Some days seem more important than others. There are days we remember with complete clarity, days we capture in pictures and stories: first days of school; first time driving a car. First days of college. First days of work. The first time we fall in love. Today was one of those days. Today, for the first time, I walked through the door of a house that belongs to me. Today, I became a homeowner.
After a month of frantic paperwork and a day of impatient waiting, I found myself sitting on the floor of my empty living room drinking celebratory champagne out of a paper coffee cup. In this quiet moment of joy, I have never felt more loved.
There is something humble about the way you sneak into my life every day. A fleeting glimpse of the Space Needle out the bus window. The tap-tap-tap of a queen’s confident stride down a 2am street. A dazzle of pink spreading across the mountain-tipped sunrise. You slide unassumingly into my morning smile as I remember: I live here.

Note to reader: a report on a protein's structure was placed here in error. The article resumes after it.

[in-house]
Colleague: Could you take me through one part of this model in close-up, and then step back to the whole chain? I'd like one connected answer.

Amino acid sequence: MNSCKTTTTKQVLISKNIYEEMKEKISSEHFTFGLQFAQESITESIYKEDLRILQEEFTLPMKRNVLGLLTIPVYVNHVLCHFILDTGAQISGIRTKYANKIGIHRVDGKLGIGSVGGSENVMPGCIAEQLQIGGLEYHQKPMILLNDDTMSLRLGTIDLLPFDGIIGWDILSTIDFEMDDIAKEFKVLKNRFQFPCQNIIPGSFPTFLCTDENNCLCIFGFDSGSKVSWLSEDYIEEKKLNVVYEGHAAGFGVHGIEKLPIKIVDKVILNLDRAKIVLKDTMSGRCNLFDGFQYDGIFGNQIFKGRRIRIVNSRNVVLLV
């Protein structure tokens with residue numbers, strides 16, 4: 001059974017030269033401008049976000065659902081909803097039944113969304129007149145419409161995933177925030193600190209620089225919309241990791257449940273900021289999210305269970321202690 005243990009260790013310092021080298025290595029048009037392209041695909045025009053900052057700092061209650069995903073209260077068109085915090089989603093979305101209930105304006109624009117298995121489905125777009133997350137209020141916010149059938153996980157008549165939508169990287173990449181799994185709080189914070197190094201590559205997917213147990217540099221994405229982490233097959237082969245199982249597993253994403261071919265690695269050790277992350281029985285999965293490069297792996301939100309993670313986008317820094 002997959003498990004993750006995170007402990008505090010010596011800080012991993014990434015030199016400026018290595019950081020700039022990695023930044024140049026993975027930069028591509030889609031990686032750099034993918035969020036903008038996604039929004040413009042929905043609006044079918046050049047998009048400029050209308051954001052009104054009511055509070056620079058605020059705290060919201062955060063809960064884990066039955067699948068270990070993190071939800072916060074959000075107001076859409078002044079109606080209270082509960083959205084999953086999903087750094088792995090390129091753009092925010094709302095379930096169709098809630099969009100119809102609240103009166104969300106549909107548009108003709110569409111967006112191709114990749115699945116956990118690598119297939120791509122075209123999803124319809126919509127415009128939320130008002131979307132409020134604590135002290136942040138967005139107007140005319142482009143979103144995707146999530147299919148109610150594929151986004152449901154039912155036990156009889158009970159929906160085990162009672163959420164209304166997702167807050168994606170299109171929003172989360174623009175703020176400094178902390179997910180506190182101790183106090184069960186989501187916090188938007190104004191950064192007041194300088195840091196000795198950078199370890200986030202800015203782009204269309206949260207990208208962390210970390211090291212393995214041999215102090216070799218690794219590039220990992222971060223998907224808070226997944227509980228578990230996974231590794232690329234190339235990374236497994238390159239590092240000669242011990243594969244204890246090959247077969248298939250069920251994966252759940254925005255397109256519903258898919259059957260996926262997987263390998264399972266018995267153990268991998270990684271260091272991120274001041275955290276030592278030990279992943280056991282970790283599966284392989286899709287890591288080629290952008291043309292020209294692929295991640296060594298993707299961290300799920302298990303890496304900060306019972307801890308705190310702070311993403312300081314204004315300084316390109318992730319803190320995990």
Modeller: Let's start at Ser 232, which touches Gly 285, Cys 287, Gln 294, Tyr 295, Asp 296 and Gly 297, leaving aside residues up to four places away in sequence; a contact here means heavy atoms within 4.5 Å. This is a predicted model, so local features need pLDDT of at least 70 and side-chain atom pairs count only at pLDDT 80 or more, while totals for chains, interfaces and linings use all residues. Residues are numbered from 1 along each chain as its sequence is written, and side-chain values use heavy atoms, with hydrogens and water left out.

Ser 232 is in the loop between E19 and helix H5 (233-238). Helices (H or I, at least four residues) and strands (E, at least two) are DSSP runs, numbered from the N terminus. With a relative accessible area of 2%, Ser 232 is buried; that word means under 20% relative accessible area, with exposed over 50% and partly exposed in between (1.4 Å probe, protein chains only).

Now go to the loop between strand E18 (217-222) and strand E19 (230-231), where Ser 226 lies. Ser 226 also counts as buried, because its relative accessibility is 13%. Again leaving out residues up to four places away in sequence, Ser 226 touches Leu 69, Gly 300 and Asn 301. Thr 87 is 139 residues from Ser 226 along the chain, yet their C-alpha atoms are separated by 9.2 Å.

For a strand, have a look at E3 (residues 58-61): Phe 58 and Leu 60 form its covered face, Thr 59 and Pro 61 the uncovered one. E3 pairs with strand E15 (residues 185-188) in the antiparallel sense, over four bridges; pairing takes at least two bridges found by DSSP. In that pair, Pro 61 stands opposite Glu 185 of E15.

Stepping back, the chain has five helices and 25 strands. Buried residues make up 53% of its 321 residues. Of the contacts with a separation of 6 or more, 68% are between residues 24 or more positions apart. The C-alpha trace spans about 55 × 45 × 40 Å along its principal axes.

To think that it’s been a year already. A year of Orca Cards and coffee shops. Of library books and houseplants. Turbulant cycles of summer and rain. Every day I wake up feeling privledged. My morning tea comes wrapped in a felicitous notion of belonging.
Don’t get me wrong. I’ve loved a city before. The picturesque cobbles of an old English town and the tolling of bells hung high in a Minster. There I learned how to live. I learned how to break my heart, how to forget. But here, with you Seattle, I’m learning to be. Just to be. Nothing more complicated.
Today is the 102nd day of 2017. In that time, I’ve written a measly two blog posts. Two. That means there have been 100 days this year that I haven’t posted anything. What a sad state. I had grand intentions of spending more time writing this year. Not only did I want to continue my passion for personal blogging, but also to explore the realm of short stories and poetry. Instead, I haven’t.
There are plenty of reasons why this is the case. If I am totally honest, none of them stands up to scrutiny. No matter how well-defended or how deeply felt, they are at their core just excuses. Here are a few of my favorites: